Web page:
Groove Electronics are a company familiar to many musicians through their range of MIDI retrofits for classic analogue synths and drum machines. However, they also make is a neat little box called the MC Lite. This is not a dimmer, but enables you to switch lights on and off via MIDI. 16 channels are catered for, and the unit has built-in preset sequences. Two MIDI Ins are provided, one for individual light control and one for MIDI docks, so you can step through presets. You can also select Presets with program change messages, or assign note numbers to each light and play them from a keyboard.

In the world of big tours, the Varilite is one of the leading products. This is an intelligent light that can rotate, change colour, change pattern, and perform a host of other tricks at the same time. All this is controlled over a high speed digital network by the Artisan lighting console, which really does look like something out of Star Trek. Needless to say, a skilled operator can produce amazing results with Artisan and a bunch of Varilites; but where does the humble MIDI interface come into the picture?

Varilite developed the MIDIport for their Artisan controller just over a year ago. At that time MIDI Show Control had not been developed, so the basic function of MIDIport was to trigger the main playback keys of the Artisan via note on/off information. Varilite also developed their own cue sheet program for the Atari, to enable automated triggering of the console. This is often used for such things as new car launches, where music, light and movement have to be synchronised. This is achieved by having the music on a SMPTE-striped tape. SMPTE is converted to MIDI timecode (MTC) in the Atari, and the Atari then sends cues to the Artisan console, which steps through its lighting program. For Varilite, this is the most practical approach to MIDI control at present. MIDI would be too slow to directly control Varilites, as each light has 15 separate functions,and the Artisan desk can control 1,000 channels!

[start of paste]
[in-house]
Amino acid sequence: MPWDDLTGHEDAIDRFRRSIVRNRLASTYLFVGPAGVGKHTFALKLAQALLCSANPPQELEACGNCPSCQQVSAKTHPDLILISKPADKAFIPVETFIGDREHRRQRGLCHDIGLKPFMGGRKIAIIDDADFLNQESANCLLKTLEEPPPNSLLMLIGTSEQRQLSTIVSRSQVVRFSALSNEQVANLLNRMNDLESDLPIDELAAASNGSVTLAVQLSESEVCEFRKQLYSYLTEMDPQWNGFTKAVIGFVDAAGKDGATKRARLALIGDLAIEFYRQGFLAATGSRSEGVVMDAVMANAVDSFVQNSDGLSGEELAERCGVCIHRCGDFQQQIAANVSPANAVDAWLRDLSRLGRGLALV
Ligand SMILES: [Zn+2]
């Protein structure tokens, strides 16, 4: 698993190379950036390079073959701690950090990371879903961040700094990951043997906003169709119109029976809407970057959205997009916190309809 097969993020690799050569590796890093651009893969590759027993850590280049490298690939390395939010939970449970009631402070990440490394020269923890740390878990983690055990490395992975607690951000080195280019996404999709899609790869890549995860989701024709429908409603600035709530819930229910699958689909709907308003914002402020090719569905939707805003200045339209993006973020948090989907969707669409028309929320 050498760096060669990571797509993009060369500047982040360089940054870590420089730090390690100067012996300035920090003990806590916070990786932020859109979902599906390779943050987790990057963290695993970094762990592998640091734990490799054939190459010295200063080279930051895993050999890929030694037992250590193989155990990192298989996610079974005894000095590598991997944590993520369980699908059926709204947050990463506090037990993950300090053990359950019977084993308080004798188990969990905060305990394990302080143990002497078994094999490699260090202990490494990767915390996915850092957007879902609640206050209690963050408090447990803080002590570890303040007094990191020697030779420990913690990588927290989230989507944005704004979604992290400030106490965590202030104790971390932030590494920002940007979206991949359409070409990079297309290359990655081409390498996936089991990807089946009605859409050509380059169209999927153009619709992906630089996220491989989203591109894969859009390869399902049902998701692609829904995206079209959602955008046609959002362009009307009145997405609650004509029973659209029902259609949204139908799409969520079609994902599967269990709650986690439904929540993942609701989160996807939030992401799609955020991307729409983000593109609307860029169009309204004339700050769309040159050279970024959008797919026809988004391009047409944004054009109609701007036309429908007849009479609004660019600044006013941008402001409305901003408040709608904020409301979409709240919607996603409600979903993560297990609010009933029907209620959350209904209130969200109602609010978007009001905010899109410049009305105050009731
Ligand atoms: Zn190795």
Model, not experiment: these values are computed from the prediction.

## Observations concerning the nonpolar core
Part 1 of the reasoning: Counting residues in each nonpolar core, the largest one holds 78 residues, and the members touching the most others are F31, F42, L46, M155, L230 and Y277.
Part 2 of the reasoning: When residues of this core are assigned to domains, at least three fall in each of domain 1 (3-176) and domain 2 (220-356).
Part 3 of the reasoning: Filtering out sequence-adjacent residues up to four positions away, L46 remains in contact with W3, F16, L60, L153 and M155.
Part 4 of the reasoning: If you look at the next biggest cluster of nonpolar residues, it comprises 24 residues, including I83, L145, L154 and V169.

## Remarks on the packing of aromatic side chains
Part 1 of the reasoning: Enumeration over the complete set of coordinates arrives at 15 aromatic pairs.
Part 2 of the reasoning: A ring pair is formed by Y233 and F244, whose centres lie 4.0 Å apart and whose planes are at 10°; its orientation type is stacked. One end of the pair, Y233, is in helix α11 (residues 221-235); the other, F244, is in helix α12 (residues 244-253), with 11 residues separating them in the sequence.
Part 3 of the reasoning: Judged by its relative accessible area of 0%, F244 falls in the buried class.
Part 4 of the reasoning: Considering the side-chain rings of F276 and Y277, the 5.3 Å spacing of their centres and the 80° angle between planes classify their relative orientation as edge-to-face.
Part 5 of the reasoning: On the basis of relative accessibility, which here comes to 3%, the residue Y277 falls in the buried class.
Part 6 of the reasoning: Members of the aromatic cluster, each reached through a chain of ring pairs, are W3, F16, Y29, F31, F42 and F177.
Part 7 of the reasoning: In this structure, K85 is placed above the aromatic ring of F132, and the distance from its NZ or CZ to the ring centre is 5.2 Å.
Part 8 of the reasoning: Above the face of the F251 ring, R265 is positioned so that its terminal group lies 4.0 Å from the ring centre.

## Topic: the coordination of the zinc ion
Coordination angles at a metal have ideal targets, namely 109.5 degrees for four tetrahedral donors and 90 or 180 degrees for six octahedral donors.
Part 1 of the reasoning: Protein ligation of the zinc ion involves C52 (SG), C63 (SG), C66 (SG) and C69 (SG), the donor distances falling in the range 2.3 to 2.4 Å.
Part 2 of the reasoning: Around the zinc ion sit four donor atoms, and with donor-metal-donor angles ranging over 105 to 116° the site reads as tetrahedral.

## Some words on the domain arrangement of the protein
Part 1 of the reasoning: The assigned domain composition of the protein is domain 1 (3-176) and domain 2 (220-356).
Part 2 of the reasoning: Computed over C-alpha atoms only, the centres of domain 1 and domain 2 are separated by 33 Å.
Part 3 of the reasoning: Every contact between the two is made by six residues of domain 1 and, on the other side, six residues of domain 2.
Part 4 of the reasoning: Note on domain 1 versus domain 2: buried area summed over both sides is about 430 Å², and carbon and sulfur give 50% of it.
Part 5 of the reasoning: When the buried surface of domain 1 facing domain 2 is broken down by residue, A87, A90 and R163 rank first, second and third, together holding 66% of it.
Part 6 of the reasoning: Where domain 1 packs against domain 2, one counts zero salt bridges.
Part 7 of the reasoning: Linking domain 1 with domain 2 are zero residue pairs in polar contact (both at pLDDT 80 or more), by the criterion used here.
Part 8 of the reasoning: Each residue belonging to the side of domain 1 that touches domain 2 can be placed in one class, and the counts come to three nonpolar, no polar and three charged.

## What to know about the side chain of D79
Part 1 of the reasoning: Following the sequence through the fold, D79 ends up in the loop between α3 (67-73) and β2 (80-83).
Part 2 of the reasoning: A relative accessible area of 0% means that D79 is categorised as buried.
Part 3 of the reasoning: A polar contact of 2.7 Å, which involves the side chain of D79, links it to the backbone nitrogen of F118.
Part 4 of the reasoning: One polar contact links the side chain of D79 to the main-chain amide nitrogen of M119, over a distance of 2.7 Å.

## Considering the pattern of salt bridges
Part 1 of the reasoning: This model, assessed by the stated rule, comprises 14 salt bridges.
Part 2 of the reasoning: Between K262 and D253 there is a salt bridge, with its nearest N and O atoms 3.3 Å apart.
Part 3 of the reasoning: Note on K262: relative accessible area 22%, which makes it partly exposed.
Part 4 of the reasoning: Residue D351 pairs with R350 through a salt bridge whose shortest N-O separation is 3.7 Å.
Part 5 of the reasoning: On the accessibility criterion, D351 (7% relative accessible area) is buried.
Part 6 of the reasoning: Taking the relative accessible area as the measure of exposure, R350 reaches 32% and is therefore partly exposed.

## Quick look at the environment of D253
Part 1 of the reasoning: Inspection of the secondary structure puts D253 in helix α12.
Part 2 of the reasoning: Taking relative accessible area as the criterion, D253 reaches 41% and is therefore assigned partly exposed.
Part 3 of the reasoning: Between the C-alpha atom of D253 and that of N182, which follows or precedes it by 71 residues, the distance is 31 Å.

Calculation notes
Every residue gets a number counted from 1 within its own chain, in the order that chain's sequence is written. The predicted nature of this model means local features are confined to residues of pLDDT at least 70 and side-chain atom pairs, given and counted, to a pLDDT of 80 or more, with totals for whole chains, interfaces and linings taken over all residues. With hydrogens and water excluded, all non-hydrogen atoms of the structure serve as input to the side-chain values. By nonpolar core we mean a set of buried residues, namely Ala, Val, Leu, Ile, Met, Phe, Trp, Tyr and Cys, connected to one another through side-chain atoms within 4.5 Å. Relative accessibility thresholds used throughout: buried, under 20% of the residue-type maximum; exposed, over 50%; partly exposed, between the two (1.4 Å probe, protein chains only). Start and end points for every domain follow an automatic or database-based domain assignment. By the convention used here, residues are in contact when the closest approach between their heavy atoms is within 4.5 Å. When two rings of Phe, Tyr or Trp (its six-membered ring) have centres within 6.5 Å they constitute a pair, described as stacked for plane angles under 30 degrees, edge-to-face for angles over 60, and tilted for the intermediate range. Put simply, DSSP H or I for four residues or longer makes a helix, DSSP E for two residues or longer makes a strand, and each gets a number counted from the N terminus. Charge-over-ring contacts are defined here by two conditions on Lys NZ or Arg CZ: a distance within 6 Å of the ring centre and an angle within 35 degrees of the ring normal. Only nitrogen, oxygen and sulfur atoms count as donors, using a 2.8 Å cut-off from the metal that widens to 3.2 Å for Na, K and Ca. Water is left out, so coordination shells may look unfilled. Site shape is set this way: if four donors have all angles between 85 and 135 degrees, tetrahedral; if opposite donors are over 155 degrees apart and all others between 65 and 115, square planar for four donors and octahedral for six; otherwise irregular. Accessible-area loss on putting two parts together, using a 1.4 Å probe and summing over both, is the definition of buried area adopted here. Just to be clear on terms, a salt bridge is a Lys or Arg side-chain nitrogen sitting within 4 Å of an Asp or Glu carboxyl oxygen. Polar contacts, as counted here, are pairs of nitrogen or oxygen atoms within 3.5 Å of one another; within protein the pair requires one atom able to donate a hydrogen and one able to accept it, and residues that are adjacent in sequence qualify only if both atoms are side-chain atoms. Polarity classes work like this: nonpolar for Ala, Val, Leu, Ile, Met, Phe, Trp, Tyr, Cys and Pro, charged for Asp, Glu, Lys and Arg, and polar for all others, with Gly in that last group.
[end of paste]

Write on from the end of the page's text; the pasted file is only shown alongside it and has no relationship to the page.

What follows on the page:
On the Australian leg of the Roxette tour, MIDI was used to help simplify some of the Varilite sequences. The keyboard player's sequencer was used to trigger changes on the Artisan console, so the Varilite operator was free to concentrate on the timing of manual cues. David Bowie's Sound and Vision tour also featured MIDI in an innovative fashion, combined with SMPTE, video and 35mm film by Robert Montgomery and Nocturne Video of San Francisco. At the start of each song, the keyboard player's sequencer would send a song start message to a Lynx module, which in turn sent SMPTE to various video machines, one of which then took over synchronisation. 35mm film was also locked up using a specially developed piece of hardware.

Theatre Projects are another company who are using MIDI to combine sound control, slide projection and lighting. They are often required to produce a show where light movement and sound follow each other. MIDI controlled delay lines are connected to a multi-channel sound system, which enables sound to be panned around in sync with the lighting.

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Publisher: Sound On Sound - SOS Publications Ltd.
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Sound On Sound - Mar 1992

The SOS Guide To Going Live




Feature by Ian Steele